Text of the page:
Trade and Immigration, 1870-2010
In this chapter, we describe long-run trends in global merchandise trade and immigration from 1870 to 2010. We revisit the reasons why these two forces moved largely in parallel in the decades leading up to World War I, collapsed during the interwar period, and then rebounded (but with much more pronounced growth in trade than in immigration). More substantively, we also document a large redistribution in the regional sources of goods and people with a shift from the former industrialized core countries—especially Europe—to those in the former periphery—especially Asia—as well as a very striking change in the composition of merchandise trade towards manufactured goods precisely dating from 1950. Finally, using a triple differences framework in combination with a dramatic change in US immigration policy, we find evidence that immigration and trade potentially acted as substitutes, at least for the United States in the interwar period.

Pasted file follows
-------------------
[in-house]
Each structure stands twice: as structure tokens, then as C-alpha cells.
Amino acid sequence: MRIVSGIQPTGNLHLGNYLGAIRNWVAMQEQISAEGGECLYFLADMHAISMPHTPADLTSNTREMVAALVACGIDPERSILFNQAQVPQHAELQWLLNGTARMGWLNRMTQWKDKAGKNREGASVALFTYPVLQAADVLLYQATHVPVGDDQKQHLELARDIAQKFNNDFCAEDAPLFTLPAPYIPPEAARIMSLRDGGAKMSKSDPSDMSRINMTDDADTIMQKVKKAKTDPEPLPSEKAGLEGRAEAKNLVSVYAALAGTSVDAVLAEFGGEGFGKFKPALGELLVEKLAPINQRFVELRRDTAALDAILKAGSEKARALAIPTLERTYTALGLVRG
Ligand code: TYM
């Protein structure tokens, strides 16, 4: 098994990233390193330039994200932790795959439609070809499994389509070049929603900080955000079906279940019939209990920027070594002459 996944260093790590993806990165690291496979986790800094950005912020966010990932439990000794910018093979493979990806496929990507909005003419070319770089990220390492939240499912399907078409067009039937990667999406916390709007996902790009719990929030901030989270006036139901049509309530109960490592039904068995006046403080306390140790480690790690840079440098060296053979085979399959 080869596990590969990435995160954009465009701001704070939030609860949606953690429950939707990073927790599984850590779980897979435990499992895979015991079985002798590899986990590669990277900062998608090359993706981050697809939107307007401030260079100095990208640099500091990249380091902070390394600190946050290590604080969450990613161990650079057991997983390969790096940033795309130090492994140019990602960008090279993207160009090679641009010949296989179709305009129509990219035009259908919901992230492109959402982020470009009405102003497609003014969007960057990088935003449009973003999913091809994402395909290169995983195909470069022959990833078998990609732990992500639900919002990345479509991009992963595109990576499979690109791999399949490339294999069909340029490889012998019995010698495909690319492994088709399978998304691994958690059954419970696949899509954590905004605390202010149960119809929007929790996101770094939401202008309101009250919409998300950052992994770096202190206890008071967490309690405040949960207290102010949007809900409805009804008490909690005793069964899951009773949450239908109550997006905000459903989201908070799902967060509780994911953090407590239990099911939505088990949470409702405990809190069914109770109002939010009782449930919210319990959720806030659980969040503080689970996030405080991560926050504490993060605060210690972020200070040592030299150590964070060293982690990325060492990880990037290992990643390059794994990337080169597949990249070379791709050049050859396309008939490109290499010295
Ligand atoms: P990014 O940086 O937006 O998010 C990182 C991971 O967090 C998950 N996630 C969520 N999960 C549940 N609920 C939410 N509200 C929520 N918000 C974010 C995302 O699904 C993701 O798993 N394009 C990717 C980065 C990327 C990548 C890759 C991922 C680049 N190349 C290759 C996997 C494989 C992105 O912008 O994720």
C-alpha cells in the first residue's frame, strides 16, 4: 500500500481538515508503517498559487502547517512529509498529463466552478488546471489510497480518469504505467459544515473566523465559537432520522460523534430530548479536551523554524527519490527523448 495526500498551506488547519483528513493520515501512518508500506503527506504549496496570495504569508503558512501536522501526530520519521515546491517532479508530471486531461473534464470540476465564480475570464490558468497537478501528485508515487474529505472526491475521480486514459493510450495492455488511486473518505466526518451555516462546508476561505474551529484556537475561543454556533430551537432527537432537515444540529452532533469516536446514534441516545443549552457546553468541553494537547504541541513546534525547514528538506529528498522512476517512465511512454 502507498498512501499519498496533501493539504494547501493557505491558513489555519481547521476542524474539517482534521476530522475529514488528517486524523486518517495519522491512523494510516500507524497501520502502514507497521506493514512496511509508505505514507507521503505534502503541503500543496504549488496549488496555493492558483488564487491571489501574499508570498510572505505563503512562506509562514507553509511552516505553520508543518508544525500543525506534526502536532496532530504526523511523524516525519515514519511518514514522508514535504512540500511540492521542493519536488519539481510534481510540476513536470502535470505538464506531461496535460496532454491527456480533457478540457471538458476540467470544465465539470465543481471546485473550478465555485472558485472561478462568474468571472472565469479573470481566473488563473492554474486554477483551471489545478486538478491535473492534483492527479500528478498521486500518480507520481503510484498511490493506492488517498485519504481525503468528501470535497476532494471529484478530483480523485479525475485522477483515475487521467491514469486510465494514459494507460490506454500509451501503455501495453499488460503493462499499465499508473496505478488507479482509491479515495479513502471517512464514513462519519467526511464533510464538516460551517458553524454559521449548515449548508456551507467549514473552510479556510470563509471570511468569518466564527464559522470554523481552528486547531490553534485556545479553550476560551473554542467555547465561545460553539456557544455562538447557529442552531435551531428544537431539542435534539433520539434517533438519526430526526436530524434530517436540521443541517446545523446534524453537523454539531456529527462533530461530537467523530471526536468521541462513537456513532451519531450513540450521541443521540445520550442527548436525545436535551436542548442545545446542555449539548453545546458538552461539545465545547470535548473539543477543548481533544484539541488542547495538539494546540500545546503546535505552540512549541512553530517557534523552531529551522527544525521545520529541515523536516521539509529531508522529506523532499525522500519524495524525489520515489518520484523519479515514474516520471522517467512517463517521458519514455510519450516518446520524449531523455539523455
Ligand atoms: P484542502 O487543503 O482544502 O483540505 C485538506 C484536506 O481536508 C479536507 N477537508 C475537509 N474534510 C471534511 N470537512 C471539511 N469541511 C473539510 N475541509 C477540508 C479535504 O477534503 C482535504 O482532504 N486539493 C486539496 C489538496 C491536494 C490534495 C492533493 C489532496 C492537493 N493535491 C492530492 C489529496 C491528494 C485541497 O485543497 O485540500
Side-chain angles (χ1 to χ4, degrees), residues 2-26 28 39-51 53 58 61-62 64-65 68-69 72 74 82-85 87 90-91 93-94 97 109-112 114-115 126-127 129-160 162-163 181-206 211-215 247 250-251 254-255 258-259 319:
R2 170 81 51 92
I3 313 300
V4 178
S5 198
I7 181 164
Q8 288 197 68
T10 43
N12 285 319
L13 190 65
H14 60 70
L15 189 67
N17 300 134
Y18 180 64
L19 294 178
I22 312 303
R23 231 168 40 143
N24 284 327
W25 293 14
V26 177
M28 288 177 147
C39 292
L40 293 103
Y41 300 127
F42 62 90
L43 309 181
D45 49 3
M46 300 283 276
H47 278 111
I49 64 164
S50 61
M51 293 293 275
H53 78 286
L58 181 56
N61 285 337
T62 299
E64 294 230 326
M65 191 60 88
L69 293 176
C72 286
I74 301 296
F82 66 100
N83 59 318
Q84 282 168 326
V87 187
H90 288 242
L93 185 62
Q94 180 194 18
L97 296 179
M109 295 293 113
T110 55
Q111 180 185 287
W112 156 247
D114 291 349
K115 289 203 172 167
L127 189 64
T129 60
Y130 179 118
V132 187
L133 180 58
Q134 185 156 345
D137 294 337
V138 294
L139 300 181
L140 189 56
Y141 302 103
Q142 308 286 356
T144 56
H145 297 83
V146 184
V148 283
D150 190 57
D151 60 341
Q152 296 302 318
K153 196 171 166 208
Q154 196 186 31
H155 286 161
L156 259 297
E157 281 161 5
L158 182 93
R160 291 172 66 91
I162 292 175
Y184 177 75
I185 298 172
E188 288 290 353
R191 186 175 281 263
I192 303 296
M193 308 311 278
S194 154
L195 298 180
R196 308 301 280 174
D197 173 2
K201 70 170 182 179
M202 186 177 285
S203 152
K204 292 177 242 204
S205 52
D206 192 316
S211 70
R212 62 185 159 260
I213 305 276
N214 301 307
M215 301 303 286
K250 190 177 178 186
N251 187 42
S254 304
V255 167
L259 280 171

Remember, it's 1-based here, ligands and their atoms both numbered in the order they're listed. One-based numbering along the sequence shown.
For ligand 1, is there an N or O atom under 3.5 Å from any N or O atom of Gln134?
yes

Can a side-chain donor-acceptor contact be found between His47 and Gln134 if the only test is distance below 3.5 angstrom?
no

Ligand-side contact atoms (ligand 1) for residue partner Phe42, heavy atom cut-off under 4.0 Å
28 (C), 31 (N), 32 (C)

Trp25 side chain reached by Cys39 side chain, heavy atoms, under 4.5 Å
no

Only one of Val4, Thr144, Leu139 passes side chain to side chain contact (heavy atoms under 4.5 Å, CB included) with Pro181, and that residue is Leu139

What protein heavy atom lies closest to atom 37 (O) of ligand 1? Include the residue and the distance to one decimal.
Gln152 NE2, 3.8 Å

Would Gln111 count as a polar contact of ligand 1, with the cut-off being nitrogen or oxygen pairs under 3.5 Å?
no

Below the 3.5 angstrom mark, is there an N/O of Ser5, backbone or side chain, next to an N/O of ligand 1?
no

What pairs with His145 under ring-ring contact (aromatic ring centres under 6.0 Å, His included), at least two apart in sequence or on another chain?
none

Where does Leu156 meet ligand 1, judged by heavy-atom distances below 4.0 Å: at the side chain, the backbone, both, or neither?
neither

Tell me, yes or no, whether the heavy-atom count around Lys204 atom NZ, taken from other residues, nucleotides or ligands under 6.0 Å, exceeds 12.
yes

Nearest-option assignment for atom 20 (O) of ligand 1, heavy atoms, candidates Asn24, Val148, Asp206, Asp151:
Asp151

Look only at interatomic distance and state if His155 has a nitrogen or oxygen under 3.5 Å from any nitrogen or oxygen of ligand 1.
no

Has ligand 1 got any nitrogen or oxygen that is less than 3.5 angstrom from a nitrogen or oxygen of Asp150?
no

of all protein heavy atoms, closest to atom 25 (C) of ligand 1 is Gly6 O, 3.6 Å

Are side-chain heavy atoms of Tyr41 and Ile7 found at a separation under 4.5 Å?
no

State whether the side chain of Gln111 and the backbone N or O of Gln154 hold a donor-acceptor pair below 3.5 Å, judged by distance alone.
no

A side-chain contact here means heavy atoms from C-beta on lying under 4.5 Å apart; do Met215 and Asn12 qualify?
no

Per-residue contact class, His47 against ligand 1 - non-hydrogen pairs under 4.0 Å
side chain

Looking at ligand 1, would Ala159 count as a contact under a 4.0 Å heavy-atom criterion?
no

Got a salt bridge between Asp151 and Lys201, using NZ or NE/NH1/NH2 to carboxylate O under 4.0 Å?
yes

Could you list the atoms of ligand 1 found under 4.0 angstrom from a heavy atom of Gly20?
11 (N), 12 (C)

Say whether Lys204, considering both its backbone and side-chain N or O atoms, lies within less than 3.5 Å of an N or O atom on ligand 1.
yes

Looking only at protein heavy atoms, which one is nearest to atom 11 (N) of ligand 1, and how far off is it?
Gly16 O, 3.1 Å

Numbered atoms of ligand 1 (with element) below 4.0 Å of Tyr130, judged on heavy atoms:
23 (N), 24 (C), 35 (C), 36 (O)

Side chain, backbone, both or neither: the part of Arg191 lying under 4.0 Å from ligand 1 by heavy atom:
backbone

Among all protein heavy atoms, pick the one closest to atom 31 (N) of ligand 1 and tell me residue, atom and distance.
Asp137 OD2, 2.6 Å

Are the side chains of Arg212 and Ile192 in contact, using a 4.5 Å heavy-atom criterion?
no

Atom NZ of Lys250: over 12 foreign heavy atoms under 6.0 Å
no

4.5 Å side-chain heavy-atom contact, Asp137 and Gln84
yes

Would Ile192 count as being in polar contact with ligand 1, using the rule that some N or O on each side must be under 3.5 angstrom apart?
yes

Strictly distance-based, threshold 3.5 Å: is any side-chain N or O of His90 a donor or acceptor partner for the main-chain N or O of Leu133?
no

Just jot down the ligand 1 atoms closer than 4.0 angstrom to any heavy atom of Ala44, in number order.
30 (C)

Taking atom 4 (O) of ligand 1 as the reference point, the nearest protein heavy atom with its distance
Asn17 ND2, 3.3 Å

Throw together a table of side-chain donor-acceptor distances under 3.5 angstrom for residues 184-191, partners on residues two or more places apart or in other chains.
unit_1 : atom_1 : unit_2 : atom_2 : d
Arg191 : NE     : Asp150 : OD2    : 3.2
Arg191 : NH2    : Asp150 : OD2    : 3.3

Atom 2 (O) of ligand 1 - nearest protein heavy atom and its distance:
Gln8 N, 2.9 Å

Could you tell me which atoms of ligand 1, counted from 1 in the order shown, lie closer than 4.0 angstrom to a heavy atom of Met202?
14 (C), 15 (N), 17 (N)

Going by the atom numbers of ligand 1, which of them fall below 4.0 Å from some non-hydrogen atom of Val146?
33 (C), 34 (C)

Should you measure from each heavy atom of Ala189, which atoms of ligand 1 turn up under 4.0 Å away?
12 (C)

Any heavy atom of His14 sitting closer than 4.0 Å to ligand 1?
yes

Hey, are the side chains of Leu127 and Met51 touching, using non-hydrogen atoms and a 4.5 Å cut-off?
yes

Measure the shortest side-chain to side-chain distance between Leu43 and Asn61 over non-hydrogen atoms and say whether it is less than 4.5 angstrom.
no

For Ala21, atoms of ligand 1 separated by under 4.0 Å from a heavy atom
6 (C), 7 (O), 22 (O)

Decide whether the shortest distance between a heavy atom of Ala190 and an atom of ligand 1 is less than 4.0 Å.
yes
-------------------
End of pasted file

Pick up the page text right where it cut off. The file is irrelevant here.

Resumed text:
Jacks gratefully acknowledges the Social Science and Humanities Research Council of Canada for research support. The views expressed herein are those of the authors and do not necessarily reflect the views of the National Bureau of Economic Research.